An avid user of Twitter, Tesla CEO Elon Musk has demonstrated his ability to use the social platform for good, for bad, and for ugly.

But yesterday, he issued what may turn out to be his most important tweet yet. 

"Am considering taking Tesla private at $420. Funding secured."

These statements are huge, as Tesla has grown to be one of the most valuable automotive companies in the world.

In an email sent to employees (and which was posted on Tesla's official blog), Musk explained his reasoning for wanting to take the company private: to relieve the pressure of performing under the microscope as a public company.

"As a public company, we are subject to wild swings in our stock price that can be a major distraction for everyone working at Tesla, all of whom are shareholders," Musk writes. "Being public also subjects us to the quarterly earnings cycle that puts enormous pressure on Tesla to make decisions that may be right for a given quarter, but not necessarily right for the long-term."

But it was his next statement that many financial experts (and Tesla fans) find most interesting.

"Finally, as the most shorted stock in the history of the stock market, being public means that there are large numbers of people who have the incentive to attack the company."

Musk has been warring against Tesla short sellers for years. Basically, short sellers borrow shares to sell them, hoping they can later buy the shares back for a lower price. Then they can return the shares to the original lender and make a profit.

But Musk's obsession with short sellers has gotten more and more personal. Back in May, he tweeted that the "short burn of the century" was coming soon. Soon after, on an earnings call, Musk refused to engage with analysts he saw as supporting a short-sell position, simply stating: "Boring bonehead questions are not cool. Next?"

If Musk gets his way, the work of these short sellers could be completely destroyed.

Financial technology company S3 Partners LLC said that Tesla short sellers could see their positions "go up in smoke," as reported by MarketWatch. According to S3, short sellers have already seen a loss of $3 billion in August alone.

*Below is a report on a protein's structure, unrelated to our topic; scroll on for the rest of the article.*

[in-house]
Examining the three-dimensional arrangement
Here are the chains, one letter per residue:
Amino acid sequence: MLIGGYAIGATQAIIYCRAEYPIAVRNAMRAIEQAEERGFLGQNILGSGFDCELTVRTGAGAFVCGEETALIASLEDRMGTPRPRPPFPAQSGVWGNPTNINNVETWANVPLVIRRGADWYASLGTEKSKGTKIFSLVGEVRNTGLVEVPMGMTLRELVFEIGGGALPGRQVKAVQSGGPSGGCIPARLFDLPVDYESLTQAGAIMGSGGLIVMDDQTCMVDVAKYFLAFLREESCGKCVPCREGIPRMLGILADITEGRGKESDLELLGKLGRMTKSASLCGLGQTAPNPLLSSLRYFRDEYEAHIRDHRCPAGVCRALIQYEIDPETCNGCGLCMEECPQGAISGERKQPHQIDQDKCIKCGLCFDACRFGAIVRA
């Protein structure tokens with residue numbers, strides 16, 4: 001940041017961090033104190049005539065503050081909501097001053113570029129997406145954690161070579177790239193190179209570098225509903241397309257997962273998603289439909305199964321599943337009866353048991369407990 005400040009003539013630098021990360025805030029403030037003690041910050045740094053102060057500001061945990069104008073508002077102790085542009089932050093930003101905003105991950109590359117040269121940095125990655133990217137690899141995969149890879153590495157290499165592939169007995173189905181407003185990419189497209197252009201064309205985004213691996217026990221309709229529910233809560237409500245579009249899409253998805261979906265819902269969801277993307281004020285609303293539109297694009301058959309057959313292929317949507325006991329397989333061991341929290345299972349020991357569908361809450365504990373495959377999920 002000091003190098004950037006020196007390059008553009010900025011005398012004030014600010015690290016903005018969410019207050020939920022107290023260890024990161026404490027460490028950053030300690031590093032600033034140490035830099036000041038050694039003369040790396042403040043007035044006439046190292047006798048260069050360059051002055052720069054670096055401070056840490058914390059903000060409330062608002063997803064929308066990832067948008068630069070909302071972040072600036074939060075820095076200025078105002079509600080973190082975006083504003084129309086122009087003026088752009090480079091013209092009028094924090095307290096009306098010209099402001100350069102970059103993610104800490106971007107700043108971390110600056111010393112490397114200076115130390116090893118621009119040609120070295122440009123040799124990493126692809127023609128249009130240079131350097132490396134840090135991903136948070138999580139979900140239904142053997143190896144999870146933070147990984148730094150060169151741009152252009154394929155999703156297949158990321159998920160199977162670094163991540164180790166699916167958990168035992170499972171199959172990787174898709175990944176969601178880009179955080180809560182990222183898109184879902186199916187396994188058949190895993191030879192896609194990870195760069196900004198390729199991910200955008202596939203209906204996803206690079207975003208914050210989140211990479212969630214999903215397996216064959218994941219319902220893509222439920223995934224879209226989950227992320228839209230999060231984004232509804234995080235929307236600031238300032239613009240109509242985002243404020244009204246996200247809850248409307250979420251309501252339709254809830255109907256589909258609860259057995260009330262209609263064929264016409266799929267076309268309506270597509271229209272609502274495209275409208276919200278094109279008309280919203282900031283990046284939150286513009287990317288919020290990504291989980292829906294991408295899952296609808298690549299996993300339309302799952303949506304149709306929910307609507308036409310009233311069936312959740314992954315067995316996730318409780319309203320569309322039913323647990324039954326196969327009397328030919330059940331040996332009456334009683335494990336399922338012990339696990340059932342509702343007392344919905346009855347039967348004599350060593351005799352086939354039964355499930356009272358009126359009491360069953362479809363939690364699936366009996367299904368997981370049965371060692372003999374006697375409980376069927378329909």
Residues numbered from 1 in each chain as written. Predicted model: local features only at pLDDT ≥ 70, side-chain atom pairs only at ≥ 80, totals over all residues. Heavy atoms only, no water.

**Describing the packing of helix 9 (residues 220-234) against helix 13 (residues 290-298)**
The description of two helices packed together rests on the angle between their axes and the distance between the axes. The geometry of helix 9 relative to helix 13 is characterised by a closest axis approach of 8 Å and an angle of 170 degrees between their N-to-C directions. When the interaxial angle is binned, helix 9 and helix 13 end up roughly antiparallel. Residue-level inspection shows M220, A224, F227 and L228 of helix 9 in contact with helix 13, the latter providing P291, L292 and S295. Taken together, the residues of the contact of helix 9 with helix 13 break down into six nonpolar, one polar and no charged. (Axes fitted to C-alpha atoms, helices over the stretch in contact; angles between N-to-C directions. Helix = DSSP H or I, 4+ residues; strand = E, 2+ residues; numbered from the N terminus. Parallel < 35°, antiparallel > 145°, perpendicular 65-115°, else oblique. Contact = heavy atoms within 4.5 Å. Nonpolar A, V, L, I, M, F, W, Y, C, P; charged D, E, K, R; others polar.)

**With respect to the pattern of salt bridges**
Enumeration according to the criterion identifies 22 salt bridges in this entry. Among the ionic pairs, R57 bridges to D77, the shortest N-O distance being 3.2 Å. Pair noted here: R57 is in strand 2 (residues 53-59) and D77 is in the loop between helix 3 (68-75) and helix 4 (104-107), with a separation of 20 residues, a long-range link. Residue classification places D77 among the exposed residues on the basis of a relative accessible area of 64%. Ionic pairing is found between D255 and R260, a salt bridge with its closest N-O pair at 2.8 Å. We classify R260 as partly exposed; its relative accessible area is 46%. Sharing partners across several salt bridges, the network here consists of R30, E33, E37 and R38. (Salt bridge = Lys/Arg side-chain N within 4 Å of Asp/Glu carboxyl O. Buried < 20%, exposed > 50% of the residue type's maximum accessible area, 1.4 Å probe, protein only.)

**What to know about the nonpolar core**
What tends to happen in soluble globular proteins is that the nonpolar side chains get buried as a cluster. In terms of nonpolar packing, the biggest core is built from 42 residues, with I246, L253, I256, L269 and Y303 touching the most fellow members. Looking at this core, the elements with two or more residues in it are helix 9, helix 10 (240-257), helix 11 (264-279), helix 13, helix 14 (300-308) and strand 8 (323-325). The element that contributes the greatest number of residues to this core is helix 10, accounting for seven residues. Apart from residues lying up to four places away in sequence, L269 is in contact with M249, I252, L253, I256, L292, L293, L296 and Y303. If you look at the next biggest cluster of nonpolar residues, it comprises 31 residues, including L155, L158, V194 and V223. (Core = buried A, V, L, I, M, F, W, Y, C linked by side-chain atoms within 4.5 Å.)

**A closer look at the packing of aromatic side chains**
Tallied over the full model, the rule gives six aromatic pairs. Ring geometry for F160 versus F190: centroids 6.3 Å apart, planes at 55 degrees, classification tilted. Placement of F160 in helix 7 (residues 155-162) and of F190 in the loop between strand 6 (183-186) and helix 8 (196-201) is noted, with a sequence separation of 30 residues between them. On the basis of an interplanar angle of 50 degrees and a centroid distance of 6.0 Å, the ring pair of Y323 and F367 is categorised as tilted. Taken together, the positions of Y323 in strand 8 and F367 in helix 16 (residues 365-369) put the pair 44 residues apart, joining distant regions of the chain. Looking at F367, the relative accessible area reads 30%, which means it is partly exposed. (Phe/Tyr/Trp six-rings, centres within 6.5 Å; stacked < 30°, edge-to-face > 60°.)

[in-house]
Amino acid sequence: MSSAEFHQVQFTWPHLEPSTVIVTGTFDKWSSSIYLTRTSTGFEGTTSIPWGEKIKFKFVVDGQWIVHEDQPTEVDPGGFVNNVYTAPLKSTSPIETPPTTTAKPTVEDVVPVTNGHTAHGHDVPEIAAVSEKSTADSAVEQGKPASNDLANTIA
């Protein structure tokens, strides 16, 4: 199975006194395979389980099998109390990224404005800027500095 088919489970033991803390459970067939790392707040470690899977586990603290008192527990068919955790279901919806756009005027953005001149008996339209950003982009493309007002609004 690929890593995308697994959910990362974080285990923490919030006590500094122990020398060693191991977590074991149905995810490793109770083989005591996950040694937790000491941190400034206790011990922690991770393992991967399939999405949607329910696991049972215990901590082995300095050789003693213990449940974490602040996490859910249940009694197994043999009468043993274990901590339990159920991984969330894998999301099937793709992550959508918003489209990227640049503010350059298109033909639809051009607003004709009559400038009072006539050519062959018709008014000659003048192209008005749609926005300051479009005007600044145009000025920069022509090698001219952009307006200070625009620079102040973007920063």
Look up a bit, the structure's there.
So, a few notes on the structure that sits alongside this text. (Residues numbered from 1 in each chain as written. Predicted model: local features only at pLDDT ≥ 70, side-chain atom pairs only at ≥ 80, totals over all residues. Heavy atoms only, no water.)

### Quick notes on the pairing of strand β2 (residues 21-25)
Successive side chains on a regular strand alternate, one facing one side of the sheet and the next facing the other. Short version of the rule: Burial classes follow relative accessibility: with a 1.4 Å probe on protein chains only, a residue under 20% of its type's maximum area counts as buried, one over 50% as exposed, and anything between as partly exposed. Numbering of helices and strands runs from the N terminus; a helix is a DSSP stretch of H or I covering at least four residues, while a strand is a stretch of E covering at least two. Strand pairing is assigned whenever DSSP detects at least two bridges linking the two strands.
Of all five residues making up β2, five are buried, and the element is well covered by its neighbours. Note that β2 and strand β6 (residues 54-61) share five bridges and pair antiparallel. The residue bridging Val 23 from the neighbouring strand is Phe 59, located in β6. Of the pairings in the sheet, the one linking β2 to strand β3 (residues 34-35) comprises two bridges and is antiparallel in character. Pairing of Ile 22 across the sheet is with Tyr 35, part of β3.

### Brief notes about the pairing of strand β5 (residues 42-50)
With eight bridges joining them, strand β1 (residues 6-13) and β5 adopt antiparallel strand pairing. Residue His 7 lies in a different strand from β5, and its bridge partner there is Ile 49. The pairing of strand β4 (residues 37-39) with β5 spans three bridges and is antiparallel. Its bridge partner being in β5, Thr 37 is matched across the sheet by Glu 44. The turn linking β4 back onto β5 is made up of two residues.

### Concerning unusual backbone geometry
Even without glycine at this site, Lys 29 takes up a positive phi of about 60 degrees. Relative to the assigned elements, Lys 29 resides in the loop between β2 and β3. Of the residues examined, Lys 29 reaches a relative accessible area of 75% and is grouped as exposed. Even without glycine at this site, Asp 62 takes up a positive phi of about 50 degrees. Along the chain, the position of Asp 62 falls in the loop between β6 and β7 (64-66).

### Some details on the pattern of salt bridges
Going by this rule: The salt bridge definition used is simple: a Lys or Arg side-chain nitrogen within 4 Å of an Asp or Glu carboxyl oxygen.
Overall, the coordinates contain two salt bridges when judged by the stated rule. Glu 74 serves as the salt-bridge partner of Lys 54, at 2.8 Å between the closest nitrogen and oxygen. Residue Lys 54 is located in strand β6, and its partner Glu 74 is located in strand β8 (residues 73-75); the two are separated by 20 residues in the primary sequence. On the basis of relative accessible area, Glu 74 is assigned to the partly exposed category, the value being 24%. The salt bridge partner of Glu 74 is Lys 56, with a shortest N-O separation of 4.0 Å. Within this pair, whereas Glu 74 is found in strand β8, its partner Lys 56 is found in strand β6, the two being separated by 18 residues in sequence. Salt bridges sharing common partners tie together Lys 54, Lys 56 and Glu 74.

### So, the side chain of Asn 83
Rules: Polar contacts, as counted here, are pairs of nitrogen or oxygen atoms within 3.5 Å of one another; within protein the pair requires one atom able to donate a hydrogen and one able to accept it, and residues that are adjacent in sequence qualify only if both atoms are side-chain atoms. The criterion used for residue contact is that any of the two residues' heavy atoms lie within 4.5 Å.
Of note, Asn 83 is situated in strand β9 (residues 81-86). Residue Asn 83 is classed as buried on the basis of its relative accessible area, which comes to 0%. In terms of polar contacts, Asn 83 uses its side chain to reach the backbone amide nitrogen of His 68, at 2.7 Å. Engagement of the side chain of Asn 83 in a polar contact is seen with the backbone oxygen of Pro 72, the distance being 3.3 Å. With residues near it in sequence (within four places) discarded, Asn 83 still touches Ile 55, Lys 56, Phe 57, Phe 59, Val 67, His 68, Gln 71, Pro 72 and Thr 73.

But there's another important factor to consider: Some experts question whether Musk's tweet may have broken the law--by manipulating the stock market, for example.

"If [Musk's] comments were issued for the purpose of moving the price of the stock, that could be manipulation," stated Harvey Pitt, former SEC chairman, in an interview with CNBC on Tuesday. "It could also be securities fraud. The use of a specific price for a potential 'going-private' transaction is highly unprecedented, and therefore raises significant questions about what his intent was. So that would have to be investigated."

"He has claimed there's a specific source of the funding so that had better be true," Pitt added. "He's also claimed that there's a specific amount available for funding, and so that has to be true; otherwise, even if it's not manipulation, it would be fraud."

So, while it's not necessarily illegal for Musk to use Twitter to announce news, those announcements better have solid backing.

Can you imagine what would happen to Tesla if Musk ended up in prison for securities fraud?

It's too early to say what the final repercussions of Musk's announcement will be. As he explained in his email, "a final decision has not yet been made" and any "proposal to go private would ultimately be finalized through a vote of [Tesla] shareholders."

However, whether it ends up harming Musk or Tesla short sellers, one thing is certain: 

A simple, nine-word tweet has the potential to destroy years of hard work.